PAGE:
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    Last week I decided that a good home cooked meal was in order. Lacking inspiration it turned to a recipe book I had been gifted the previous Christmas and found what appeared to be a tasty and nutritious option. I read on with enthusiasm and was soon imaging myself dining on this wholesome meal. If the end result looked half as good as the glossy picture that accompanied the recipe, I would be in luck.
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Focusing on What Matters - From Identifying to Enacting our Big Rocks - The Learner's Way - 0 views

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    The message is now unpacked for the class. The jar represents our lives, and the challenge is to decide what we will fill our lives with. The large rocks represent those things which matter most in our lives. The gravel and sand the small things which occupy our time and keep us from what matters most. - How might this help us focus on what matters for our learners?
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Local Wisdom versus Global Assessments - The Learner's Way - 1 views

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    A significant shift continues to occur within global education markets. It is signified by the manner in which it makes sense to speak of a global education market. It is driven by neo-liberalism and the expansion of markets into all aspects of our lives and it is made possible by manipulation of the third messaging system within the educational triad of curriculum, pedagogy and assessment. It is a drive towards accountable, comparable and productive education systems fine-tuned to maximise the return on investment and provide industry with the workforce it desires. What must be asked is how does this trend impact students and are these the forces that should be driving change in our education systems?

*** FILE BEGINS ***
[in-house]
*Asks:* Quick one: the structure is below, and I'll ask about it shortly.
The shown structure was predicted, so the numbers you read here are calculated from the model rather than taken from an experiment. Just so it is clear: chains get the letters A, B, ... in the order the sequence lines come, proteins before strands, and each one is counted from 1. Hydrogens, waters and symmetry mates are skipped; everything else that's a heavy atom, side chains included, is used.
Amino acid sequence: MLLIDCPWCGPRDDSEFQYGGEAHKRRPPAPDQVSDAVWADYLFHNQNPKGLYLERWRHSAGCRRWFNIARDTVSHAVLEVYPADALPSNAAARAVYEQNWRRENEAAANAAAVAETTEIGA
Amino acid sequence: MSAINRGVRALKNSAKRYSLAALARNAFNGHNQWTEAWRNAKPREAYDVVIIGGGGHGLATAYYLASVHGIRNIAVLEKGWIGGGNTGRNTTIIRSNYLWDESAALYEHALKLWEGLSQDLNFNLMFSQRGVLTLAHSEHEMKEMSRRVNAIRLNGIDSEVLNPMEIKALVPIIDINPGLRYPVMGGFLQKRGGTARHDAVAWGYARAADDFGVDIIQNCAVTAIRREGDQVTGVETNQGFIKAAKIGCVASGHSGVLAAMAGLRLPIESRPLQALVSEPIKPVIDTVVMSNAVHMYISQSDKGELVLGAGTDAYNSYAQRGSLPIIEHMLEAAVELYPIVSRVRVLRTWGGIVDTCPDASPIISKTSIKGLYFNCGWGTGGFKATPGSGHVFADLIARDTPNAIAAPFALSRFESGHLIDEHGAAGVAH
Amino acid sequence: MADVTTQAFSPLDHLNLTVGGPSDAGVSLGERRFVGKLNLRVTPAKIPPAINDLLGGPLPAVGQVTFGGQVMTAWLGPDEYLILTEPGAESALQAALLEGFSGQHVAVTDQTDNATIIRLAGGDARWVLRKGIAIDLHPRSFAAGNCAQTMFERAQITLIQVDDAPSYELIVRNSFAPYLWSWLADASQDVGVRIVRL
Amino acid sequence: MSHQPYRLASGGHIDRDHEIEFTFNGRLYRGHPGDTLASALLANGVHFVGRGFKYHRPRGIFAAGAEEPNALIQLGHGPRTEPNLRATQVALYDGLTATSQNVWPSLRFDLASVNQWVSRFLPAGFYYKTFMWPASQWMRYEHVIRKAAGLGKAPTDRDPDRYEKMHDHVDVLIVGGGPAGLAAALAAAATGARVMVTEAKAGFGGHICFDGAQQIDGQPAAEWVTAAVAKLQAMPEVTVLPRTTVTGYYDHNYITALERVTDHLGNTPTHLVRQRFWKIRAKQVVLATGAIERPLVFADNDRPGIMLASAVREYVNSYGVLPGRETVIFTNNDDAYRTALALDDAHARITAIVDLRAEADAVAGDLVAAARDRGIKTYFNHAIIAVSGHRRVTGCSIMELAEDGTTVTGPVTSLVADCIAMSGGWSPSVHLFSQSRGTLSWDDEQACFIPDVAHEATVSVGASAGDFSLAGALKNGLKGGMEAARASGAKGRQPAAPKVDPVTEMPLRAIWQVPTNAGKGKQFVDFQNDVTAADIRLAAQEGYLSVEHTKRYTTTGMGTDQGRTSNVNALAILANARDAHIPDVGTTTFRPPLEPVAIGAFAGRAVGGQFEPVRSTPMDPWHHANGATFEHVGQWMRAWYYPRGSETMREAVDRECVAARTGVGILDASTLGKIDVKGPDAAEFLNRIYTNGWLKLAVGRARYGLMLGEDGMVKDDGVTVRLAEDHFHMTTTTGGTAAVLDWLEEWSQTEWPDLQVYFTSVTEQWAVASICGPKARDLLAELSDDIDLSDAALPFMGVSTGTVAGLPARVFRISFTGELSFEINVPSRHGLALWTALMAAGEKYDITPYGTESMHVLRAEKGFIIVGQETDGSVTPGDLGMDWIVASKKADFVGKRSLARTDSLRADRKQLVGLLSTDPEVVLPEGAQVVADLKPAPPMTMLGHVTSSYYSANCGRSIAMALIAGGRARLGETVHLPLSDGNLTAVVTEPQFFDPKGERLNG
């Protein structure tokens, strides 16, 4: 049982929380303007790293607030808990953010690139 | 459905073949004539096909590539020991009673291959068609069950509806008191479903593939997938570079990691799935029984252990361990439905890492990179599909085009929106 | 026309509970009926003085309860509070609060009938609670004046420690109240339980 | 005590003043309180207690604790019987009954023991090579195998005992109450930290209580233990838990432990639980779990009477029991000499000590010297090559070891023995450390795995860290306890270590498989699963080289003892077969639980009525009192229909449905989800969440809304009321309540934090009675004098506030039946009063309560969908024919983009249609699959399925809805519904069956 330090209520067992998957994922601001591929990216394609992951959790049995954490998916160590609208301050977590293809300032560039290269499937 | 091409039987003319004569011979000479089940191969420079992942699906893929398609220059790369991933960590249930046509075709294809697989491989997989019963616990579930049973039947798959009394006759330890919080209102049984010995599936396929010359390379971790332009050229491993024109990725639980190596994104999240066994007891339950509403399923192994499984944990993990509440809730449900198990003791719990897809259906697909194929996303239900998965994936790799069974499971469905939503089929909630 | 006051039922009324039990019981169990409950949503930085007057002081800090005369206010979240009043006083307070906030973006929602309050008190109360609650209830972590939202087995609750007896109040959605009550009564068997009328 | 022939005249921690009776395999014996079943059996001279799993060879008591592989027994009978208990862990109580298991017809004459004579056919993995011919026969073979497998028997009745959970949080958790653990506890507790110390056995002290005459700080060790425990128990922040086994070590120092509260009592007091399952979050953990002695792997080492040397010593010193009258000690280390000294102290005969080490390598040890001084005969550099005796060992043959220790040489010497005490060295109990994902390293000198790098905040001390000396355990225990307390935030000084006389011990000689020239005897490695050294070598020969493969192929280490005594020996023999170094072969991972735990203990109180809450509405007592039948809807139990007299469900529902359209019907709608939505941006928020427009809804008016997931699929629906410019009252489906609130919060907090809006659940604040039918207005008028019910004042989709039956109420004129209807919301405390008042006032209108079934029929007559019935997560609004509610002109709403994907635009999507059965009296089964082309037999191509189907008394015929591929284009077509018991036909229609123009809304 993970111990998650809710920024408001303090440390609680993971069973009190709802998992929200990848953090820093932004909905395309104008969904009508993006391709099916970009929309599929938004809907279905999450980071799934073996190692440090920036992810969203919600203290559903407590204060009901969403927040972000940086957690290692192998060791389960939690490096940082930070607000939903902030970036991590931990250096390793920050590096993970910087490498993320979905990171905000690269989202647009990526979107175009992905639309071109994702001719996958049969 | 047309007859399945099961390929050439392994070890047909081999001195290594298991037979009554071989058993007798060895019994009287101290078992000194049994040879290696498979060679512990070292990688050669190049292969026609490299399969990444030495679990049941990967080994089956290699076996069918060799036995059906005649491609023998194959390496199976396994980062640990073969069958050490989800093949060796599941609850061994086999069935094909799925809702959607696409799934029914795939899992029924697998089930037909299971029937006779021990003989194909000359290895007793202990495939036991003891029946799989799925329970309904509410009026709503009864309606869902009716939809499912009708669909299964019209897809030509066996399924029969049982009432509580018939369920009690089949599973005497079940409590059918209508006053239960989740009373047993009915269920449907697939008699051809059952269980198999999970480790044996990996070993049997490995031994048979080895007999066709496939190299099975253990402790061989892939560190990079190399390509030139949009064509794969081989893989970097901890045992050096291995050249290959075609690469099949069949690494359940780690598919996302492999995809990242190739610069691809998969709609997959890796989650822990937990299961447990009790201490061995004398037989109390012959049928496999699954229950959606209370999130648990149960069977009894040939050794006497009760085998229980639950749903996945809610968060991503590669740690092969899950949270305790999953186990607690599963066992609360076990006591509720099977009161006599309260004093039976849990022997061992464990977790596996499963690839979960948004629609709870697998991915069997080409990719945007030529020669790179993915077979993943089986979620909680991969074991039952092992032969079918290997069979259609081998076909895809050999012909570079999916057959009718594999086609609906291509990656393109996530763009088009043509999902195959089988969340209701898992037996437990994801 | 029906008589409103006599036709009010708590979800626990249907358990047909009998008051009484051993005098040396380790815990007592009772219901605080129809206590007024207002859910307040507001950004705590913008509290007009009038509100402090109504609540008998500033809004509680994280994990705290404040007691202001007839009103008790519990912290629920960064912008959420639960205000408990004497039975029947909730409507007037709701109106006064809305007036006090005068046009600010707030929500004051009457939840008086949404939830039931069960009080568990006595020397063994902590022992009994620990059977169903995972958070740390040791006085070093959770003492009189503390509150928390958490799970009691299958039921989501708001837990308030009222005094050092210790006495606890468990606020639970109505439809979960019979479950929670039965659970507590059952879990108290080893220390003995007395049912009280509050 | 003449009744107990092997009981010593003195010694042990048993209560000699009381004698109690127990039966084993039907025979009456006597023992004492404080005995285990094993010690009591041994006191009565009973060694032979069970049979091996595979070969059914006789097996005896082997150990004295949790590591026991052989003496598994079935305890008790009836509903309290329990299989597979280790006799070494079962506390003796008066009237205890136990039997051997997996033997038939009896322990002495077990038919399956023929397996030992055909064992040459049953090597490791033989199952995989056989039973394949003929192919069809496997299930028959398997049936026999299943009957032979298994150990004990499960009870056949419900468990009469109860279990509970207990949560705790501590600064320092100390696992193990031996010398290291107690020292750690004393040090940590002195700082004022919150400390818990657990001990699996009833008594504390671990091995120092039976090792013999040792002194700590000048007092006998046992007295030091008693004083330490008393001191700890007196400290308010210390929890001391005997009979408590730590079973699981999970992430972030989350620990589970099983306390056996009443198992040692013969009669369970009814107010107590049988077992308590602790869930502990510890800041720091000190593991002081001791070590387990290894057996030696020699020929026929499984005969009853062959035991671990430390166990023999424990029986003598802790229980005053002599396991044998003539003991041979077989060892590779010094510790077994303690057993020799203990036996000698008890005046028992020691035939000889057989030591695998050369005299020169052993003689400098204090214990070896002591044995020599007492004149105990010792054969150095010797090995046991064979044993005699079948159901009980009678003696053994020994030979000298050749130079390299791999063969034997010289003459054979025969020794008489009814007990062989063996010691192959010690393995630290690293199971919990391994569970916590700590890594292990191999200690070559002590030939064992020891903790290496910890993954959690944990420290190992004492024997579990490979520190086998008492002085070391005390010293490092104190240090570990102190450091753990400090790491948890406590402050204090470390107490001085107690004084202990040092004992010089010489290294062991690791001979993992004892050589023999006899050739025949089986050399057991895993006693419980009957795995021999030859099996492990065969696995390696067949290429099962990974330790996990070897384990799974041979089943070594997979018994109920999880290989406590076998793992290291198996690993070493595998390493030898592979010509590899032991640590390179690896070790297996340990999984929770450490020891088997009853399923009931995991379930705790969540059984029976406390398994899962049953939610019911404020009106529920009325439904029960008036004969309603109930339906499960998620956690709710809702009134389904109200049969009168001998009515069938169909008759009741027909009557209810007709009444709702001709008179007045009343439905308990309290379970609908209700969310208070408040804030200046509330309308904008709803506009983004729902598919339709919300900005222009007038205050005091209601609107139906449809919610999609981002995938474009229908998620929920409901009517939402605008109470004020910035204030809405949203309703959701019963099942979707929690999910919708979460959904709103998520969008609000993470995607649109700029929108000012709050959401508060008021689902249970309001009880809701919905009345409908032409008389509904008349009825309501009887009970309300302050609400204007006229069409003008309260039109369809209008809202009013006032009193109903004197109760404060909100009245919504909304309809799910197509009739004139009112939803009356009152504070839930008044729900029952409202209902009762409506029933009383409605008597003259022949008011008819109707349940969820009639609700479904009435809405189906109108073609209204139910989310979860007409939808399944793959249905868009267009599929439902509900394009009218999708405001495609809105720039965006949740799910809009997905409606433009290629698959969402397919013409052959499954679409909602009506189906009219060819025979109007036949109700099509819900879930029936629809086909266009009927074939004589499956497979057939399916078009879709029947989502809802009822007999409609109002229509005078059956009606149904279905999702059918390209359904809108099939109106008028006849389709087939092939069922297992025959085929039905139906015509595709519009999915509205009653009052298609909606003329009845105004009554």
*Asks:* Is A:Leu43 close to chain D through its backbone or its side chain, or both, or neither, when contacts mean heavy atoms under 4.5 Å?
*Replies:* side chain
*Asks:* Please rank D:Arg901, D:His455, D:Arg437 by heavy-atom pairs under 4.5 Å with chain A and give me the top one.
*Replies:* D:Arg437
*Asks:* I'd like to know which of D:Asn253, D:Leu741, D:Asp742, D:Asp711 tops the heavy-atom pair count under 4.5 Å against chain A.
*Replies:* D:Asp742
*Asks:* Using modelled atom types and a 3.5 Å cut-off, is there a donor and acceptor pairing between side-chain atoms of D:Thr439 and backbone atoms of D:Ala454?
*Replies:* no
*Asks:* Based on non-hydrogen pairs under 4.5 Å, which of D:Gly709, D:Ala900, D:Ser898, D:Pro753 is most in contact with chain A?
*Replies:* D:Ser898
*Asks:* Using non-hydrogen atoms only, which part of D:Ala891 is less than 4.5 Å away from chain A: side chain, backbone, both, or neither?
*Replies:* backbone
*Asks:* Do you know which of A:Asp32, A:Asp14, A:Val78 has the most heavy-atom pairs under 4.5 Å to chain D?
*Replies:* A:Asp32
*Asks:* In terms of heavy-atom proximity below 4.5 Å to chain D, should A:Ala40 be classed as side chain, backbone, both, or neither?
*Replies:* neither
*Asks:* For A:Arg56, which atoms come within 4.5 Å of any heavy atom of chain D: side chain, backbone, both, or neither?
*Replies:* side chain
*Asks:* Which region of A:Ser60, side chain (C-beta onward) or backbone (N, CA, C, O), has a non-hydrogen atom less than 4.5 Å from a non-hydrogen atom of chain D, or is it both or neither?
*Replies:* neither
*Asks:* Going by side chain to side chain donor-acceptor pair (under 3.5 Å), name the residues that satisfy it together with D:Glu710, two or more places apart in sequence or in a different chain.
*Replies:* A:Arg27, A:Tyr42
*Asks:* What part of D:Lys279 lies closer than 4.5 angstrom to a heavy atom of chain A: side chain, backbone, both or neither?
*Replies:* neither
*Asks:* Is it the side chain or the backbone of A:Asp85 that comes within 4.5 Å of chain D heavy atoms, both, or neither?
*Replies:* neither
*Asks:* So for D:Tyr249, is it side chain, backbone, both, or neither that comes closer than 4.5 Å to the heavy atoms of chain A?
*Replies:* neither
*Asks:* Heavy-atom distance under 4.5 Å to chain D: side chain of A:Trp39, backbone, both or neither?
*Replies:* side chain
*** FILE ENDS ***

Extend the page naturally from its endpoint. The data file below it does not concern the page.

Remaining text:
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Why we don't cook frogs slowly and other thoughts on change - The Learner's Way - 1 views

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    The frog in the pot of boiling water in An Inconvenient Truth is a cinematic moment that has the desired effect. It is one of the moments from the film that the audience remembers long after the credits roll. I have often thought about how this metaphor applies to change and particularly the way that change operates in schools.
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Mathematical thinking presents teachers and students with new challenges - The Learner'... - 0 views

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    The shift away from teaching for the rote memorisation of prescribed methods requires teachers to rethink their approach to the discipline. With this new pedagogy comes a need to understand the processes of mathematical thinking in ways not previously required. When we require our students to be able to reason and problem-solve through unique challenges we also require our teachers to have an understanding of the mathematical moves that their learners are likely to call upon.